I assumed the stance I’d been practicing in class and tried to calm my nerves. Remember to breathe.
Bill moved towards me in an easy flow, like a wild puma gliding up a grassy hill to scan for prey.
BAP… He landed a quick jab and shuffled away fluidly before I realized his feet had even moved, then slid back in with two more.
Clearly, Bill had been doing this longer than I’d been alive – and I was 44!
Pete is not the kind of instructor who gives context, so he never thought to (or purposely avoided) announcing to the group that this was my first time sparring.
My lack of anything like “moves” and constant adjusting of my now-crooked gym bin headgear made it abundantly clear to Bill, and every other fighter in the room, that I had no idea what I was doing.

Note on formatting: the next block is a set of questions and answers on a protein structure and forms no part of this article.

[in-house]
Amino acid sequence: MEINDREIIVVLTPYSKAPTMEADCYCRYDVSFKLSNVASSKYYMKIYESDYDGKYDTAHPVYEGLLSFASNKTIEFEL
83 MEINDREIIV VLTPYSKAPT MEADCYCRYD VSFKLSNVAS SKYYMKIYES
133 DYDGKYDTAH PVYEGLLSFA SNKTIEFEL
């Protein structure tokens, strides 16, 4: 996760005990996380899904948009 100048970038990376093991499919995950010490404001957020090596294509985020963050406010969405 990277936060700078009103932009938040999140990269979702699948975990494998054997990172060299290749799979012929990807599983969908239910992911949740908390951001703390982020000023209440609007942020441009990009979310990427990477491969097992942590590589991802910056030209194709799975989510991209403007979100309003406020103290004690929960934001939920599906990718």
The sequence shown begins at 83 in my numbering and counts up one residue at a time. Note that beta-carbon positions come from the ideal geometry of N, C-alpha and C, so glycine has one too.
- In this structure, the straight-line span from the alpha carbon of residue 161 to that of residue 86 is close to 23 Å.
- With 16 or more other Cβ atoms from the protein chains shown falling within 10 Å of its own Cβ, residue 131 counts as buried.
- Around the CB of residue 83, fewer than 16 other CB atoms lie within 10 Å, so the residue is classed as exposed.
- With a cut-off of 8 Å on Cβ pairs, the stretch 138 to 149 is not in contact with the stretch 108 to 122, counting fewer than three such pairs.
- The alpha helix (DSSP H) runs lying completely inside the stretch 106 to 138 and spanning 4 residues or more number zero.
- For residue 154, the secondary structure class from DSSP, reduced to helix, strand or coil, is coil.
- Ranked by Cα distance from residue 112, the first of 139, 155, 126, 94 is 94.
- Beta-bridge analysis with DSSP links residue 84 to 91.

I stepped back from Bill hoping to buy some time before – BAP, BAP, BANG!
He slipped in two more jabs and followed with a right cross. Then, tired of toying around, unleashed a flurry of body strikes that forced me to drop my hands and cover.
Soon as I did that, Bill went to work on my head, landing a series of skull-rattling right hooks… stepping in closer after each one until I instinctively doubled over, covered my head, and did the worst possible thing you can do when being punched…
TURNED AWAY from my opponent.
My untrained “fight or flight” brain had defaulted to full-on “FLIGHT mode.”
A few of the fighters around the circle grunted their embarrassment and I could hear Pete shouting something about getting my “head up.”
Bill was now pummeling me with overhand rights and lefts to the head – each one sparking strobes of white light behind my tightly shut eyes and now completely sideways headgear.
“Alright, alright!” yelled Pete.